Can sterilization of a female lead to obesity? Yes and no. It is true that sterilized females are twice as overweight as non-sterilized ones. However, this is mostly due to the fact that their amount of food was not adjusted after the operation. Because the energy consumption of a sterilized or castrated animal, whether male or female, is significantly lower than that of a fertile animal.

Due to the lack of gender hormones as a result of castration/sterilization, the animal consumes and needs less energy. Therefore, the amount of food after the operation should definitely be reduced.

Obese and Sick Dogs

Some dog owners put their pets on a diet for aesthetic reasons when they find they are overweight. But even if appearance is not important to you, you should act urgently in such a case, because obesity can lead to many serious illnesses.

The life expectancy of obese animals are falling, and according to a recent study by veterinarians, the risk of cancer increases by 50%. In addition, being overweight leads to more strokes and the animals find it harder to breathe. In addition, obesity can cause joint pain.

An overweight animal is also more susceptible to infections and responds differently to medication than animals of normal weight. For the health of the animal, one should therefore try to avoid being overweight.

Tips Against Obesity

Of course, the first thing to do is to change your diet. The owner must be aware that weight loss is essential for the health of his dog.

A healthy appetite is a sign of a healthy dog, but a dog that eats continuously is not healthy.

Beware, the dog will find it difficult to get used to the reduced food intake. He will keep besieging his master, but it is incredibly important not to give in now and to stand firm.

Moral support during the diet is very important for the dog and owner. Industrial foods can be of great help here, even if you haven’t used them before, as there are foods that are specifically made for dieting. In this way, you can offer your dog balanced, tasty, and at the same time light food. Caution during the transition phase to diet: To avoid diarrhea, the change in diet should take place over a period of about a week. Gradually get your dog used to the new diet by mixing the new food with the old one.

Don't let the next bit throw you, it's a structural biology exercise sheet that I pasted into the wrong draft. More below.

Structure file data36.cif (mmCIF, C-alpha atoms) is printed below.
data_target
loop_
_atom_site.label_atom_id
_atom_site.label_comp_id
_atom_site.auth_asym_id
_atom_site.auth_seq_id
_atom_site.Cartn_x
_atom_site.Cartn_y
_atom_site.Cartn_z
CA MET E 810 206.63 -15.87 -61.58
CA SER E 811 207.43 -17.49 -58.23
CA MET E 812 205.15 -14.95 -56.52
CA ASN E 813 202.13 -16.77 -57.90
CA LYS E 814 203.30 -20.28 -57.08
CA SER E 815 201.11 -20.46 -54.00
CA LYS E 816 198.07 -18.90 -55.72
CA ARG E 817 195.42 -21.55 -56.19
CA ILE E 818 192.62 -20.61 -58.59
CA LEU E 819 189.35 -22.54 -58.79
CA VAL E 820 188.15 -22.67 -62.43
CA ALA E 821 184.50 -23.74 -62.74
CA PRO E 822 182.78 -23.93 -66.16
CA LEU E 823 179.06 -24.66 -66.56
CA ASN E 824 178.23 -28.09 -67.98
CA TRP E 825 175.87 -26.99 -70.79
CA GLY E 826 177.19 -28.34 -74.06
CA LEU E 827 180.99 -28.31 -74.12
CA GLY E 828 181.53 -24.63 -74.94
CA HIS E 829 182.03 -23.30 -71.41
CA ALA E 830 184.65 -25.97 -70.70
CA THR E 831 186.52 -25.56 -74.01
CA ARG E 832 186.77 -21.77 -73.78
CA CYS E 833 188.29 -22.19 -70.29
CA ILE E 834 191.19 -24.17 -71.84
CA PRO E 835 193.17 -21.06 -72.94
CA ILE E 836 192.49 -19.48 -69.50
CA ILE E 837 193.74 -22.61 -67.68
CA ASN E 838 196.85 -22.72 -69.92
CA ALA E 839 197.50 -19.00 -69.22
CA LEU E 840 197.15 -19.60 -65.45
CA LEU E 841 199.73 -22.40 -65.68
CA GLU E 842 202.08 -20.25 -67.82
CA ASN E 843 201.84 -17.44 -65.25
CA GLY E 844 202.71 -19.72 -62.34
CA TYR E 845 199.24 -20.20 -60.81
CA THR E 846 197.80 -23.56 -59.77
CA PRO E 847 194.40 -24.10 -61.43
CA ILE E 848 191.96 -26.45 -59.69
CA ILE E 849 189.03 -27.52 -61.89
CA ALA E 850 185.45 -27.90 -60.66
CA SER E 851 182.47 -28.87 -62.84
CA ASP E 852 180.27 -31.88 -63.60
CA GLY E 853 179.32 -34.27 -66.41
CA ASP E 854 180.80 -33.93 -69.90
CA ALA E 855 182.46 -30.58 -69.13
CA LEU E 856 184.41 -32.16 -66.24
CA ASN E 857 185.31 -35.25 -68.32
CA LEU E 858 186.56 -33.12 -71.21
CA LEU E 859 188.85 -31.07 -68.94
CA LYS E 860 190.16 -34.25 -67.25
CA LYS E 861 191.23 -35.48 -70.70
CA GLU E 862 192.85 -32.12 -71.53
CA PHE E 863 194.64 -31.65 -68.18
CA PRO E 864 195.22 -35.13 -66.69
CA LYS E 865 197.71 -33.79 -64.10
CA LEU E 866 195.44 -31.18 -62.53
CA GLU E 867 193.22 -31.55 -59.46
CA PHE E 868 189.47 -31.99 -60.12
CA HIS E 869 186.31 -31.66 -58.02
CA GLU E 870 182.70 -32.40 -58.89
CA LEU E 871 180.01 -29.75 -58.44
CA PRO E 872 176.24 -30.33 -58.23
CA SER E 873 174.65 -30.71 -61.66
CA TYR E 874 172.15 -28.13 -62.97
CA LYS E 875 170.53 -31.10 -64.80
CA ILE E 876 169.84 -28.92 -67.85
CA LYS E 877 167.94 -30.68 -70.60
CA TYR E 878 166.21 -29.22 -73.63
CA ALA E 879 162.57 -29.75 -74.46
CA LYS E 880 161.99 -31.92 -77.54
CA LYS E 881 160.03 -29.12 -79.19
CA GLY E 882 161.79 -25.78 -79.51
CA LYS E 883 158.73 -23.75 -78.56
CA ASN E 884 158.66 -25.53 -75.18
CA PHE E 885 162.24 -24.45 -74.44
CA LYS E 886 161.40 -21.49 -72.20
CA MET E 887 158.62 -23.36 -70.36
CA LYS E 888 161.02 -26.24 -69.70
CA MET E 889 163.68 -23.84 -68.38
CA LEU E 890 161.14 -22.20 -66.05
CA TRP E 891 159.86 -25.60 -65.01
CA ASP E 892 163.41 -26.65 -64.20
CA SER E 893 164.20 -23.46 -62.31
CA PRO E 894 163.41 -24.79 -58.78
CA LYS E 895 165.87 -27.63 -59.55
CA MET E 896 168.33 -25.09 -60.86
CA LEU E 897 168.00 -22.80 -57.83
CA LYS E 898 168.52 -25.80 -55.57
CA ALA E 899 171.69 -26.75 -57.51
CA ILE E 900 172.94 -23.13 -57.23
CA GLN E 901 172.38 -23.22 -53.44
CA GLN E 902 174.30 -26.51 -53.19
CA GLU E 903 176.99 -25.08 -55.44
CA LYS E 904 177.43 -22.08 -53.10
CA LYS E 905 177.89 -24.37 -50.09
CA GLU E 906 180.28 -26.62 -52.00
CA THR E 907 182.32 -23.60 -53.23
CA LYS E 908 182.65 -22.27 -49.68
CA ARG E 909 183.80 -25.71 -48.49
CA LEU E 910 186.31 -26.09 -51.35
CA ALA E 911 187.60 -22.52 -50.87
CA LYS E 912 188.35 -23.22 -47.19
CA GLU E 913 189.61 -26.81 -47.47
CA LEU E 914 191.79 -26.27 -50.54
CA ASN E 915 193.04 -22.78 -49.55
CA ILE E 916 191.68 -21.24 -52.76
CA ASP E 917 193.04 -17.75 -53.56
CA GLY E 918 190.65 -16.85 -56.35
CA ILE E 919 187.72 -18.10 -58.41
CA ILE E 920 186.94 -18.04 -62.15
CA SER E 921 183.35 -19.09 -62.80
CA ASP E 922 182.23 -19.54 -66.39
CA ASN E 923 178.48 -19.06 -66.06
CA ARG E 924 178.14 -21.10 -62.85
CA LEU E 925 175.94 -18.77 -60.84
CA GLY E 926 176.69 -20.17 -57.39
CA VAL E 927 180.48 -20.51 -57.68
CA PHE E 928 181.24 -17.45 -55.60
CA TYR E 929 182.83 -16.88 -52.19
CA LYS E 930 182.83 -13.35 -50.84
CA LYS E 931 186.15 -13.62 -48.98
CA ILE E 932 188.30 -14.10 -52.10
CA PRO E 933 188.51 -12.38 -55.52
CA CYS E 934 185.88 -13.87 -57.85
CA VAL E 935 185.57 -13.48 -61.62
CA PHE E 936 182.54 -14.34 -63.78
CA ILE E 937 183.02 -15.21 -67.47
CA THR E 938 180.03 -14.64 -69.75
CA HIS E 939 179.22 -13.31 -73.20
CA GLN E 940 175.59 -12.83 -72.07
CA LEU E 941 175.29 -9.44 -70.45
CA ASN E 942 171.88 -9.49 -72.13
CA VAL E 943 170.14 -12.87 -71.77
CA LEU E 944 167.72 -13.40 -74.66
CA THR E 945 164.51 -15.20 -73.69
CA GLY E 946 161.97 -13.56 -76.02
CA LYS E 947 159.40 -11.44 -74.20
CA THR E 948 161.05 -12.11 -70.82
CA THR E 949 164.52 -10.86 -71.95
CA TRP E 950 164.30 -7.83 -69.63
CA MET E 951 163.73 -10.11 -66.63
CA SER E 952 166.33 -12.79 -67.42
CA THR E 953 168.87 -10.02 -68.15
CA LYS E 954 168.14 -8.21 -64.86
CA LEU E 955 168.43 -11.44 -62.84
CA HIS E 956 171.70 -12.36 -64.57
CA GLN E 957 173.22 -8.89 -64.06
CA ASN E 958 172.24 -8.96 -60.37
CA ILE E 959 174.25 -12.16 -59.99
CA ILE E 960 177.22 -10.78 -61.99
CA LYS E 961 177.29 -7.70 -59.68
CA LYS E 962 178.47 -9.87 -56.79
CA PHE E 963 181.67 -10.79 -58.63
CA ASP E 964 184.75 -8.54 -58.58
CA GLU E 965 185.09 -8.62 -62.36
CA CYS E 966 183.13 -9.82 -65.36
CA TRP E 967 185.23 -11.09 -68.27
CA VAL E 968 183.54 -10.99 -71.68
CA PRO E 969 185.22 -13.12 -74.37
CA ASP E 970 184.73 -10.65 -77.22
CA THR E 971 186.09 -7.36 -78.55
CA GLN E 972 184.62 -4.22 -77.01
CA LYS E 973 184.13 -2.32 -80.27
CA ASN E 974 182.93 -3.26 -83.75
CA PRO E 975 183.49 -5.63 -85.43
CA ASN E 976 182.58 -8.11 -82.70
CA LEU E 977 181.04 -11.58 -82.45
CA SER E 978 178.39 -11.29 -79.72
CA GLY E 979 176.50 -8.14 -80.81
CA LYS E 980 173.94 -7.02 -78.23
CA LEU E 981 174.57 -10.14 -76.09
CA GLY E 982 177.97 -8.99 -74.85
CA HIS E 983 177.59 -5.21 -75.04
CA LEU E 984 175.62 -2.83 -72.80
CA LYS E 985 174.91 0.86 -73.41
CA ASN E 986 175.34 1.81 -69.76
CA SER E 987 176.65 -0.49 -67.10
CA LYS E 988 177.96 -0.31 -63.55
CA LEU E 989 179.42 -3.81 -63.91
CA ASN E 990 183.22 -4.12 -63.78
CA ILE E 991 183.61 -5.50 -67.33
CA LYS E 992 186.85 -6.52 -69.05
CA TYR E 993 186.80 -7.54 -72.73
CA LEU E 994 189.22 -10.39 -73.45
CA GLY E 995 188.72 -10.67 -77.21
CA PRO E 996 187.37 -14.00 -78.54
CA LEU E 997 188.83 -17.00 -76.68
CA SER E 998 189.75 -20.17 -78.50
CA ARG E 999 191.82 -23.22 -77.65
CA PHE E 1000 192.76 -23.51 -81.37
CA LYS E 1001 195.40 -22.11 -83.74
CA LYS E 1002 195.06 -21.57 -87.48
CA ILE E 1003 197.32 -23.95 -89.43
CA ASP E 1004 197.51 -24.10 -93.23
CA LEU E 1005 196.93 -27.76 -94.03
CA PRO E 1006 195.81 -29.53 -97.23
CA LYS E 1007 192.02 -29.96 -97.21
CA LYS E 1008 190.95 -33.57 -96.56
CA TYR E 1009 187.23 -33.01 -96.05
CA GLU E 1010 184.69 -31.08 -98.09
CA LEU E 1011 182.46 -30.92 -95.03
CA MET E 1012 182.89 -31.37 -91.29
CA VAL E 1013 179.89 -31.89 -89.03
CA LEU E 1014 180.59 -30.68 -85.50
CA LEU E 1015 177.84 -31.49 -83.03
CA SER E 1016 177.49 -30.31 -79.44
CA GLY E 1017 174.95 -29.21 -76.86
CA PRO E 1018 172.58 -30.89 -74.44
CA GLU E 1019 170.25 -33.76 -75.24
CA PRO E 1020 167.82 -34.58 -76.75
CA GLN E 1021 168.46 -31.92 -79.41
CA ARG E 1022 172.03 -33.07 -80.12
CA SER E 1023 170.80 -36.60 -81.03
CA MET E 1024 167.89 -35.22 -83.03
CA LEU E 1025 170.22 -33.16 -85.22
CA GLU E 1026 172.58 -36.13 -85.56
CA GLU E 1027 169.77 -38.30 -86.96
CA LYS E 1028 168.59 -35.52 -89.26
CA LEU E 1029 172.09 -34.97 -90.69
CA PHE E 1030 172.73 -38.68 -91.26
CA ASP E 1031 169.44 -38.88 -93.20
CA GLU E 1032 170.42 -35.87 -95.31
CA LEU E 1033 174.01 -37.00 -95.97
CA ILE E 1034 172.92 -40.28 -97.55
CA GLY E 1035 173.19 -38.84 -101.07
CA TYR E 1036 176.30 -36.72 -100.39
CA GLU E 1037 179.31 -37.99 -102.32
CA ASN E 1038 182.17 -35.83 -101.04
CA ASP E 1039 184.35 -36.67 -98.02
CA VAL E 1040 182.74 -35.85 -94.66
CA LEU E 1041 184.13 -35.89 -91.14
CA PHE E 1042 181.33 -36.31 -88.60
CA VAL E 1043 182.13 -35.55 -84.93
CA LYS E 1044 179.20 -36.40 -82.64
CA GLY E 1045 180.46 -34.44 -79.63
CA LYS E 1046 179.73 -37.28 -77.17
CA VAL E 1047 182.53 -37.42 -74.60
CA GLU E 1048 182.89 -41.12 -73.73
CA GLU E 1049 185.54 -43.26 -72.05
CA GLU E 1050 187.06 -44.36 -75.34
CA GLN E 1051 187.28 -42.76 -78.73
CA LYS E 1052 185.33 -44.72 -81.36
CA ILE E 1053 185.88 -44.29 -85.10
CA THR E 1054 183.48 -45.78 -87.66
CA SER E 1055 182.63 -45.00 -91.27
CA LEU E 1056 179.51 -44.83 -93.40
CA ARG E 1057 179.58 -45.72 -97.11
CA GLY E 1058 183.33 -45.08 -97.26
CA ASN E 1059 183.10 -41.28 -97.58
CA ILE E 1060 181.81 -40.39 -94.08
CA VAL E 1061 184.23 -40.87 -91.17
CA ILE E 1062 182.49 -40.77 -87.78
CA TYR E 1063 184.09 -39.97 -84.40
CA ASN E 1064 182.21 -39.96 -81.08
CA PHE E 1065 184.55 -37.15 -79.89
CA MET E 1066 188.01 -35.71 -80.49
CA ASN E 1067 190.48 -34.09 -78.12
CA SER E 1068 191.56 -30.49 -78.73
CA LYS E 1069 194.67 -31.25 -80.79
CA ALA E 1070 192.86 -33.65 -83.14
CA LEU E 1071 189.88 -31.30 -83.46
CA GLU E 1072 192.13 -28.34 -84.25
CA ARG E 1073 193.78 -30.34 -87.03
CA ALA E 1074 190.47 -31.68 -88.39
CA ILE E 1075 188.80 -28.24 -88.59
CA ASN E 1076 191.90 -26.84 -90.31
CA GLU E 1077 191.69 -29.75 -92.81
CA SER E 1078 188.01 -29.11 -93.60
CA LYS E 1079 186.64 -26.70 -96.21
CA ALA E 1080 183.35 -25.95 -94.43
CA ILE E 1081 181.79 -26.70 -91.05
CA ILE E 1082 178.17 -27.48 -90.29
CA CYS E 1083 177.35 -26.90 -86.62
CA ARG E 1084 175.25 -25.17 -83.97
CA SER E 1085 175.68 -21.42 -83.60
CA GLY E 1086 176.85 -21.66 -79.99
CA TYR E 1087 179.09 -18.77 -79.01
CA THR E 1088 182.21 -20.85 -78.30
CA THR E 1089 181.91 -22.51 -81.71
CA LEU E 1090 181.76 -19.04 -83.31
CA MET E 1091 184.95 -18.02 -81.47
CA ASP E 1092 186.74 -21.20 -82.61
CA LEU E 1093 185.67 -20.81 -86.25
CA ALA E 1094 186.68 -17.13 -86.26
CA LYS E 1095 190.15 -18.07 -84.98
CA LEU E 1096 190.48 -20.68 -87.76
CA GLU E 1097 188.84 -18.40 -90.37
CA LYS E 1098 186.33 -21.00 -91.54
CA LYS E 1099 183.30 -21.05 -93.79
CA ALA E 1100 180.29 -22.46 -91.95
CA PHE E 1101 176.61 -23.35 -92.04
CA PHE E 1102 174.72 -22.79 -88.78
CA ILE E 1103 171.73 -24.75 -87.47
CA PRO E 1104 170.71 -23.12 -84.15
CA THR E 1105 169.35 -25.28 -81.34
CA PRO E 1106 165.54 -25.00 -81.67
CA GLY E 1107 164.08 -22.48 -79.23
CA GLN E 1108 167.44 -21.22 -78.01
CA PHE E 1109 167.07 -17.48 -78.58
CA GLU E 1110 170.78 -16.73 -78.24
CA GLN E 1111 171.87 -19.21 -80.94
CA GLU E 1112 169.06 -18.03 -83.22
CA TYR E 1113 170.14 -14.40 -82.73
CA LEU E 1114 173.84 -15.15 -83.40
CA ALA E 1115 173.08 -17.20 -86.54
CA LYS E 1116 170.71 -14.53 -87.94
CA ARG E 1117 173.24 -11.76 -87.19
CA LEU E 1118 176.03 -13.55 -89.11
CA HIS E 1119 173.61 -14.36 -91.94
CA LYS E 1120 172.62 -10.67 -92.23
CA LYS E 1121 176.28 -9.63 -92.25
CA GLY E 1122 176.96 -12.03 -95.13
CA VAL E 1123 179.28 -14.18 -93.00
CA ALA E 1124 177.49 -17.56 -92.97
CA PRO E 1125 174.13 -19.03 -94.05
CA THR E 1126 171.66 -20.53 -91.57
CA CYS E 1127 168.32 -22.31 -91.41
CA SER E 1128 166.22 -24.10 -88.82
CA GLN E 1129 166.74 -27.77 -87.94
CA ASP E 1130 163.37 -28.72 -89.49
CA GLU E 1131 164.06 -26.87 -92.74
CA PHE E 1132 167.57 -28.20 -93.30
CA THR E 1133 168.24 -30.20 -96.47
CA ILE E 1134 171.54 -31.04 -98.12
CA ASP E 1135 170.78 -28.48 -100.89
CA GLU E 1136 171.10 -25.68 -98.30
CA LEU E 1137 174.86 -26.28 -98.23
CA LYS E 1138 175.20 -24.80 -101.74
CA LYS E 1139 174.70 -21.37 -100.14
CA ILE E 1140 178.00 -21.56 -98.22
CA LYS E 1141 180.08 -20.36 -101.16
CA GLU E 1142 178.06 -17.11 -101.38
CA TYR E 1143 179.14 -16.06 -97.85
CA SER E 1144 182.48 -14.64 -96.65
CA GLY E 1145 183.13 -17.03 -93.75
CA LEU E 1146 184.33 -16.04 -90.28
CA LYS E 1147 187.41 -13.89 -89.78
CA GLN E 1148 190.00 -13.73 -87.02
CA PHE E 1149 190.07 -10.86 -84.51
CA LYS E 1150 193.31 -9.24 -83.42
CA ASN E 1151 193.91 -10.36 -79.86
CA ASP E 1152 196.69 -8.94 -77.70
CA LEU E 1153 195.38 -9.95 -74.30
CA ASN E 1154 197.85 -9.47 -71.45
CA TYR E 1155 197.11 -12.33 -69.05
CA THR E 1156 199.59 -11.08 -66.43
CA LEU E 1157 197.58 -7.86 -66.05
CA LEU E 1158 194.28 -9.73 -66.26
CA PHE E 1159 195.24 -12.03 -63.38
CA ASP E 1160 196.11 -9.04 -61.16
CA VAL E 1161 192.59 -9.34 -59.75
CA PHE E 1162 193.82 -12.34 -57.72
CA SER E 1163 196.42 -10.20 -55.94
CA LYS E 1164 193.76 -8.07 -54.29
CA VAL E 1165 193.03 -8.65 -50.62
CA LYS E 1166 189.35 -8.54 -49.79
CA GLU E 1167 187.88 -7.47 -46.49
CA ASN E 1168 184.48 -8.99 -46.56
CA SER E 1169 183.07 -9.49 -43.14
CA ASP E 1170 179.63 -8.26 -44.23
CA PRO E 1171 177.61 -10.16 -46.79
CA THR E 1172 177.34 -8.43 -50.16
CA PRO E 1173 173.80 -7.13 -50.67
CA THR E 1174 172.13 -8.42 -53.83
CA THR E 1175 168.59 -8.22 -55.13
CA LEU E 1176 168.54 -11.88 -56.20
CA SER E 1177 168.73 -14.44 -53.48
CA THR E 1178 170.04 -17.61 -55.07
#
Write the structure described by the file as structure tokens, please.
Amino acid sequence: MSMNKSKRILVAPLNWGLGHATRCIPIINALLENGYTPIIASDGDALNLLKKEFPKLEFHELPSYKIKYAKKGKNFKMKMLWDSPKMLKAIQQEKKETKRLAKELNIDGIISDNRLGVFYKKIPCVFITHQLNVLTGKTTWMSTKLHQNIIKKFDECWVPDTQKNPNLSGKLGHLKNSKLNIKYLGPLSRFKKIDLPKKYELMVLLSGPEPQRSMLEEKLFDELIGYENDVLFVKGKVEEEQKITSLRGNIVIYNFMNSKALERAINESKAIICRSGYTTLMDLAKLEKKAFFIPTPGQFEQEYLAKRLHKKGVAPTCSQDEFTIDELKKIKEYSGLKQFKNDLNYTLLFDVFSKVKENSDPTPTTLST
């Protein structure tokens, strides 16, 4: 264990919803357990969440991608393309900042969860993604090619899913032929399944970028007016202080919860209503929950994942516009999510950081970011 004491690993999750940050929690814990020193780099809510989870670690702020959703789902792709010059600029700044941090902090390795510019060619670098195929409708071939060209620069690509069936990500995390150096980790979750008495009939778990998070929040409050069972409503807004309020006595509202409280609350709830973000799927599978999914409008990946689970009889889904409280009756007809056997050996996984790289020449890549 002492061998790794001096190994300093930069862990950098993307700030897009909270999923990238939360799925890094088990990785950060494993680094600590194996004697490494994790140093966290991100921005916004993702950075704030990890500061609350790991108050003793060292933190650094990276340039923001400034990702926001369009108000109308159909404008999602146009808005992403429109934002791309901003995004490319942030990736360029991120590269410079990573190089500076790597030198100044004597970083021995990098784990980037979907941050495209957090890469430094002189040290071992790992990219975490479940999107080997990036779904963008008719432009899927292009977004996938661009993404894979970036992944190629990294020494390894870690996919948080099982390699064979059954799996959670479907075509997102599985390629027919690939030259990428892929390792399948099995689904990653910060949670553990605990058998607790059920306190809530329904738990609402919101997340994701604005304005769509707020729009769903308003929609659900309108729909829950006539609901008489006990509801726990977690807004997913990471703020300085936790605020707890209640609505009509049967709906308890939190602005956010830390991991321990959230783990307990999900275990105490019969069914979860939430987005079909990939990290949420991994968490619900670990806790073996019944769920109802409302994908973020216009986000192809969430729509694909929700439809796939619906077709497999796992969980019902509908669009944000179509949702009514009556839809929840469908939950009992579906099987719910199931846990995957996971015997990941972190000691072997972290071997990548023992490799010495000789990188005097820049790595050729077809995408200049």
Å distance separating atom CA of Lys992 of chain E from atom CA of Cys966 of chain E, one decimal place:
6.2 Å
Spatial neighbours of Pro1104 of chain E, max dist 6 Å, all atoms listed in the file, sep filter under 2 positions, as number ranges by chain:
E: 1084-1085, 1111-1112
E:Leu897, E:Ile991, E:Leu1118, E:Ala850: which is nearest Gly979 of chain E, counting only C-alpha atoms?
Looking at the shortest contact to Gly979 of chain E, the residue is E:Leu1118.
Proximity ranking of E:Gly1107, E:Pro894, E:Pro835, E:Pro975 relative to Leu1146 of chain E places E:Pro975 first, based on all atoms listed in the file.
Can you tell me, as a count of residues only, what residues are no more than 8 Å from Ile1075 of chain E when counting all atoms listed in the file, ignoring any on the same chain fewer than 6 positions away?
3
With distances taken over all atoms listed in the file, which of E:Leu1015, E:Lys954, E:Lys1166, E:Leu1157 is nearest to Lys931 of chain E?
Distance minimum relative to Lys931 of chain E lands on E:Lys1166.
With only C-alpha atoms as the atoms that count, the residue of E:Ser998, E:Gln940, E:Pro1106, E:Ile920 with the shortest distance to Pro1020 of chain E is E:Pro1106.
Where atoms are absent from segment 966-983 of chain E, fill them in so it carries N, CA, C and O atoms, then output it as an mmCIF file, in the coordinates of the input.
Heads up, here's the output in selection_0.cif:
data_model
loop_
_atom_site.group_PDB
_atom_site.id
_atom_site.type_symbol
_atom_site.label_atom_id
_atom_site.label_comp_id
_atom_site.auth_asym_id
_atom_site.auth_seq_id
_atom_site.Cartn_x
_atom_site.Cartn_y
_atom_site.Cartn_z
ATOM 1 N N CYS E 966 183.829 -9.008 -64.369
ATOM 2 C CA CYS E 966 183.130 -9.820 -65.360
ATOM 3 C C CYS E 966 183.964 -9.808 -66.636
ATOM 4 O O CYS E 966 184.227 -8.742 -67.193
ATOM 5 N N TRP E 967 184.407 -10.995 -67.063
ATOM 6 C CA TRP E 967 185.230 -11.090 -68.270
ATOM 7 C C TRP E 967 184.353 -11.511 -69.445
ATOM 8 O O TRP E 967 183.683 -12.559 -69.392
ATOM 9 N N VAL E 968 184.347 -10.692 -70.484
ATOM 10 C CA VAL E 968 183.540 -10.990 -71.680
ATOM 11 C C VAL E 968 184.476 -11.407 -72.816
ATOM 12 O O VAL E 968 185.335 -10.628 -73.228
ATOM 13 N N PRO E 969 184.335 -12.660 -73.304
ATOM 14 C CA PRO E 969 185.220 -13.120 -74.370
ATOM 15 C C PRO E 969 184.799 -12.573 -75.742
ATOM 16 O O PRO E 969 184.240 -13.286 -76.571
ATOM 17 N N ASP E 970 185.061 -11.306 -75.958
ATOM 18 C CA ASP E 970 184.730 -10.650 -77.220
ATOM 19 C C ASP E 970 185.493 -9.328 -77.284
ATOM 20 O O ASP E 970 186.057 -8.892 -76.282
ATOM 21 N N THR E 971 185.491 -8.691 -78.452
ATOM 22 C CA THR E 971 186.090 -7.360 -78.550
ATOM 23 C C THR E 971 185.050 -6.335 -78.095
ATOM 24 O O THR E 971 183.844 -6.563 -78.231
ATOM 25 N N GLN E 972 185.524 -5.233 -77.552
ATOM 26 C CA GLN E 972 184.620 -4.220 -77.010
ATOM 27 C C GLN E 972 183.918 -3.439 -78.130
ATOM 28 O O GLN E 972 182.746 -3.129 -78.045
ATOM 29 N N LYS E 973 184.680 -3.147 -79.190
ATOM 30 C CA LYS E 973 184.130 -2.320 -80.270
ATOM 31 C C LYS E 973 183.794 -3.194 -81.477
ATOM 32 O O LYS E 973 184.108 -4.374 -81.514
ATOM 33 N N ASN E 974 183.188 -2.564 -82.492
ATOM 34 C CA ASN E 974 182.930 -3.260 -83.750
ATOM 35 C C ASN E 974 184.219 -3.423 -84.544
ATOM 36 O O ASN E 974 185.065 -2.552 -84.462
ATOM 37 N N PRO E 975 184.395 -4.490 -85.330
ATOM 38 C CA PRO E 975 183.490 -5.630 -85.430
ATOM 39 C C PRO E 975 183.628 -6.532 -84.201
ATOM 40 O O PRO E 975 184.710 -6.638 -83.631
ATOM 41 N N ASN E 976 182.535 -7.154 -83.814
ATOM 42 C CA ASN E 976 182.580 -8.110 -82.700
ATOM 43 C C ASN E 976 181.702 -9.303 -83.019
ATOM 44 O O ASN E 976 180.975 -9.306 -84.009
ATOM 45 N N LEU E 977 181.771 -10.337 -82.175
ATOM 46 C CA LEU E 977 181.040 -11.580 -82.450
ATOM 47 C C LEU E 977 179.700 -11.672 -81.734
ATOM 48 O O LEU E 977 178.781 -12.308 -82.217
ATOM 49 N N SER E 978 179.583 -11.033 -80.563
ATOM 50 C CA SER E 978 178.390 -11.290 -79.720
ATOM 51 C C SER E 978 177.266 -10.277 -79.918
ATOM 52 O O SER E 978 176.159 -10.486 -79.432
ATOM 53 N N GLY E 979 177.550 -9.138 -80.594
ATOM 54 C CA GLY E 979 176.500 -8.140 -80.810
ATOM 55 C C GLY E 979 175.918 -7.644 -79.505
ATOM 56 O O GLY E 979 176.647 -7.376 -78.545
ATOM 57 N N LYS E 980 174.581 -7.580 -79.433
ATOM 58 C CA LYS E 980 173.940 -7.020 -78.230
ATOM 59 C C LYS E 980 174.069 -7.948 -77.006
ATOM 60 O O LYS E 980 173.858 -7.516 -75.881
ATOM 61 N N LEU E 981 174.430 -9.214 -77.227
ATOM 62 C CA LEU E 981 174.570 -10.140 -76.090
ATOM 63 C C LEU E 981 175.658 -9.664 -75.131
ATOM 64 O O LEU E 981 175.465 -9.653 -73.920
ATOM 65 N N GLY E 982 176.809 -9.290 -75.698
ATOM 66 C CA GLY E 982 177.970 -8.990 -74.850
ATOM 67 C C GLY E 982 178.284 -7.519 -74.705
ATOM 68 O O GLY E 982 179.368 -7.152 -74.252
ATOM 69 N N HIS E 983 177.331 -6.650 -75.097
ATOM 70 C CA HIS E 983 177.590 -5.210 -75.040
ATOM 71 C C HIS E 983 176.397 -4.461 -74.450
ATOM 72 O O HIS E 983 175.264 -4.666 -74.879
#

Dog Obesity Overview

Factors that favor obesity:

  • The presence of another dog while eating;
  • Disregard of the daily rations;
  • Sterilization;
  • Lack of exercise.

Consequences of obesity:

  • Motor difficulties;
  • Heart disease;
  • Increased risk of diabetes;
  • Lower life expectancy.

A strict diet: stay firm – for your dog’s sake:

  • Set the diet for a medium-term duration (2 to 3 months);
  • Consult a veterinarian for advice;
  • Draw up a monthly balance sheet;
  • The whole family has to stick to the agreements;
  • Choose a food that is easy to feed;
  • If you have difficulty with this, you can also trust your dog to friends, who are more strict and less sensitive to your dog’s “wailing”.
Alice White

Written by Alice White

Alice White, a devoted pet lover and writer, has turned her boundless affection for animals into a fulfilling career. Originally dreaming of wildlife, her limited scientific background led her to specialize in animal literature. Now she happily spends her days researching and writing about various creatures, living her dream.